What is the Next Big Thing?

I attended the TAG Social Business panel talk last night. My friend Daddy-o was on it. It’s been awhile since I have seen Daddy-o and I was reminded of how smart and entertaining he is.

There were some great insights shared about the current state of social media and entertainment. However when the question was asked “What is the Next Big Thing?” I was not real satisfied with the answers I heard. So  I am going to try to take a stab at answering that question myself?

First, let me respond to some of the answers I heard.

Convergence of Social Media Platforms

That has been happening for a long time and will continue to shake up the social world, but I would not consider it a “next big thing.”

More advertising on social platforms. 

Yes, that is a thing and will increasingly be a thing, but it is not the next big thing. Besides that, advertising is not innovative or revolutionary. If anything it is a slip backward to a comfort zone of how to make money with media.

More Private Social Network Platforms for Discreet Interaction

First of all, isn’t that what email is supposed to provide? Second is email really private? No, not really. We all should know by now not to post anything anywhere online that you do not want to go public because it can go public. These platforms are not really solving any real problems and if anything may cause more problems. So, no, not the next big thing.

Record Label in a Box

Daddy-o had the most intriguing answer explaining how the only thing in the music industry that has been digitized is retail. He has been working with a partner on an idea of a Record Label in a box. Unfortunately, he did not go into a lot of detail, so I am going to assume there is some marketing automation happening here and something that shakes up the production of music. Without details it is hard to tell  – but I think he may be on to something here related to what the next big thing to shake up the music industry will be.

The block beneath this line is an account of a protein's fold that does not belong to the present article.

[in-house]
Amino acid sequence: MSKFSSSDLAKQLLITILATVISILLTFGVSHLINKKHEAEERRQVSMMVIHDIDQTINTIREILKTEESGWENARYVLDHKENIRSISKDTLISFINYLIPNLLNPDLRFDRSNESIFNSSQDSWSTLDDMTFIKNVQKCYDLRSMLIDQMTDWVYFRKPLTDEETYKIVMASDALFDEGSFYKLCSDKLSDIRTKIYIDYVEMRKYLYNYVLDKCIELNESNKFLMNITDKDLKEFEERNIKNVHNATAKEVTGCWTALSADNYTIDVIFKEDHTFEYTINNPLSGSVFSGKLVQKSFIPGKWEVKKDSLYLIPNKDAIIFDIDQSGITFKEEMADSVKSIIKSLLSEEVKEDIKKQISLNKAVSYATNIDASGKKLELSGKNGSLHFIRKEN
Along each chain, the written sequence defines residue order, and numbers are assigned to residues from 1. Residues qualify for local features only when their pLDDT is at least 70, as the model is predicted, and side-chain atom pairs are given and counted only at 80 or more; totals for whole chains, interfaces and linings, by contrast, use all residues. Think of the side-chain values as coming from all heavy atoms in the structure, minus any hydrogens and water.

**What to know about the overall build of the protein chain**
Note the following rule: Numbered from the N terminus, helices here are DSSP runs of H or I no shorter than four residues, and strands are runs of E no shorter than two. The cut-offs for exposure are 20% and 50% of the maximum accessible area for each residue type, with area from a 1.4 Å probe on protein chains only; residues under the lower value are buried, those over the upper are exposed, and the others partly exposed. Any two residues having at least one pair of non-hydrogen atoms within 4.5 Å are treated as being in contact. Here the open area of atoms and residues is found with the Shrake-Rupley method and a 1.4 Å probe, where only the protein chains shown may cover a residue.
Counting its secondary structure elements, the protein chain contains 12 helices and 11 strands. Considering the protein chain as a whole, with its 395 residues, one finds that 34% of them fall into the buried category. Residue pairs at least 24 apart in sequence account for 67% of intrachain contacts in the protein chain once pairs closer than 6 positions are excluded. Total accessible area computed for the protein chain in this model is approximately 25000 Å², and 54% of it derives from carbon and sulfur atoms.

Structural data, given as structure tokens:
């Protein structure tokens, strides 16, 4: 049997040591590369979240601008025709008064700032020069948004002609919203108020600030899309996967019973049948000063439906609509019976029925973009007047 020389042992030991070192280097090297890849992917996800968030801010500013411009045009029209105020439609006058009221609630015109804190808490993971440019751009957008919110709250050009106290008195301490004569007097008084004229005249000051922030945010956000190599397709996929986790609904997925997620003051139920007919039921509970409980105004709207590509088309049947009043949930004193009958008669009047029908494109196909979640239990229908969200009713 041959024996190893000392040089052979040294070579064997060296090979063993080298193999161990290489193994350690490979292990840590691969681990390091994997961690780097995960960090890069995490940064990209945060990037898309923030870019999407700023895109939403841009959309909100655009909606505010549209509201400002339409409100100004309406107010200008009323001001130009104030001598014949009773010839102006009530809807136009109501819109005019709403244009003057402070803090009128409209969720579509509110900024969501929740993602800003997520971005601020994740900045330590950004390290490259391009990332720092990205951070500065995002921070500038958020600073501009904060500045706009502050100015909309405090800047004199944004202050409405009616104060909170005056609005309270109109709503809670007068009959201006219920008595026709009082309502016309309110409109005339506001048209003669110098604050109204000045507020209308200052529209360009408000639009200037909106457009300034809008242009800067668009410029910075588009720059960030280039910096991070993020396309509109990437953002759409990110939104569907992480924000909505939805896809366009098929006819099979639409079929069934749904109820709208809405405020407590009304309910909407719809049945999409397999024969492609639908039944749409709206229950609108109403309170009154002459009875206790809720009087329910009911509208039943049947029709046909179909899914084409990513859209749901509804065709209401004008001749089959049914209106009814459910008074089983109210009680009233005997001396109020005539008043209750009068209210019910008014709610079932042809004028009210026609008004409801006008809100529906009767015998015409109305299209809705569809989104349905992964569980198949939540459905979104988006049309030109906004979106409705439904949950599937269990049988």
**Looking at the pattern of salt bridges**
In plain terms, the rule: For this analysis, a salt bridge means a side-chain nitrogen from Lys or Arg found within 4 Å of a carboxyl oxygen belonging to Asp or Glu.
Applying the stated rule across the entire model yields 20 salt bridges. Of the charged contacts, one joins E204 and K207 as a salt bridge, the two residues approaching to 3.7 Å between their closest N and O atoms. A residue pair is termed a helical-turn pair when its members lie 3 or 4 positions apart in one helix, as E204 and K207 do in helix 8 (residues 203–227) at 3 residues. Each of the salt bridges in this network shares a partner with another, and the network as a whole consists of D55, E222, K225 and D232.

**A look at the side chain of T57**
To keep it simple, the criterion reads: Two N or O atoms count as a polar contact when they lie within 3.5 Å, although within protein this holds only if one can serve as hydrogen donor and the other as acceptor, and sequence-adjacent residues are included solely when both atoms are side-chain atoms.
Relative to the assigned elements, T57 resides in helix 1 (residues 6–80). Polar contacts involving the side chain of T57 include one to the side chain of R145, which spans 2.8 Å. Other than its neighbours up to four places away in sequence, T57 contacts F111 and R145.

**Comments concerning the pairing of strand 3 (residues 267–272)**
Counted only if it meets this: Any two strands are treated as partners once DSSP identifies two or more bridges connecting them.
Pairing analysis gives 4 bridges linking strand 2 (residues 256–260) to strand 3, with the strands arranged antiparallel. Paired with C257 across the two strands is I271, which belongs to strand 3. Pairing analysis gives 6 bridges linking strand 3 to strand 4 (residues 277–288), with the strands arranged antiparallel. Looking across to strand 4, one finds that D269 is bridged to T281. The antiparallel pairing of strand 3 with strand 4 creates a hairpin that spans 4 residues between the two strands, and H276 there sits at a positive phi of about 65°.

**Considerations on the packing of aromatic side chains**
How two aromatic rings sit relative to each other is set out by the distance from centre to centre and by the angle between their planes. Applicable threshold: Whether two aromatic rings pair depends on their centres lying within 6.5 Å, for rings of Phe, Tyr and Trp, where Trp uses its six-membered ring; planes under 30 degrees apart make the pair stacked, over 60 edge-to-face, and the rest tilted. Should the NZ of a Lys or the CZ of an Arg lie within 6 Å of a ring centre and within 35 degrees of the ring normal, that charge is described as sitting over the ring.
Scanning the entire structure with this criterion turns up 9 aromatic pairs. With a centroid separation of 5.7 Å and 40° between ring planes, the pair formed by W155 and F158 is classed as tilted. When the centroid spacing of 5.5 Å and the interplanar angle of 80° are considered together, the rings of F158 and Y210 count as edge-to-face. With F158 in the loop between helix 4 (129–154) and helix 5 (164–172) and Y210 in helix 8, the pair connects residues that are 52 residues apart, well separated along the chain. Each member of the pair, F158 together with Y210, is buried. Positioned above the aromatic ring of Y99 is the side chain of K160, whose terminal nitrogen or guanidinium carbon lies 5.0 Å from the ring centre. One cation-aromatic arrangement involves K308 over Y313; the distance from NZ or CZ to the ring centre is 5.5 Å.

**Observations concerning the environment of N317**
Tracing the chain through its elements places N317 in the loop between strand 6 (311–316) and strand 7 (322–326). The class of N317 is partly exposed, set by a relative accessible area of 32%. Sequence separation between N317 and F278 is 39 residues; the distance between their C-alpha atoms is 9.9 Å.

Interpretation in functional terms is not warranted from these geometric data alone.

What I think the next big thing is – Digitizing Our Physical Environment

First, we had machines that allowed us to connect with each other from vast distances. Then we had social technologies that not only allowed connections but social discovery; the ability to find and connect with like minds around the world while sitting at home on our computer. Then we had mobile and location-based technologies which placed the worldwide web in our pocket and enabled social discovery around our neighborhood. The next big thing is going to allow social discovery even closer to us, within the environment that we are currently interacting with.

So we have all know about Google Glasses which allows us to capture the environment in front of us or access information we need in real time, but it is only half of the equation. The other half is being able to contribute data to our environment and share it with others who will interact with that same environment in the future.

For example, The Bluetooth Ring:

By recognizing finger gestures, Ring allows the wearer to write text messages by simply drawing in the air. The same dynamic allows the wearer to access apps by drawing designated shapes in the air. For example, drawing a music note could access your music player, while drawing an envelope shape would allow you to access your email.

This ring is only a small step of where we are heading.

My friend and one-time co-worker Tim Moenk shared his vision of this future with me waaaay back in 2007.

The most important aspect of Augmentation is really about understanding context. Our environments are full of information, but most of this information isn’t digital yet. As we increasingly use smart devices that connect to the web and introduce sensors such as RFID and teens with camera phones into our environments, there will be much more information for us to work with and contextualize. As the web becomes something that is all around us rather then something just inside the computer screen, the goal behind Augmented Reality is to make it easy to understand and visualize all this information at the appropriate times.

One of the most powerful examples of Augmentation that is often overlooked, is the friends list on social networking sites. This form of Augmentation makes it easy for us to see not only our relationships, but the relationships between other people in the network. As members of our network interact with each other, we can then visually gauge the quality of those relationships as well. By having all this data out there in a way that we can understand, we’re also beginning to interact with each other in new ways. In much the same way, as our environments become even more connected to the web and our mobile devices more capable, we will begin to interact with our environments in new and more intelligent ways.

Today we are seeing hardware evolve beyond the smartphones to smart jewelry and smart clothing, and eventually smart building materials.

And that is the next big thing.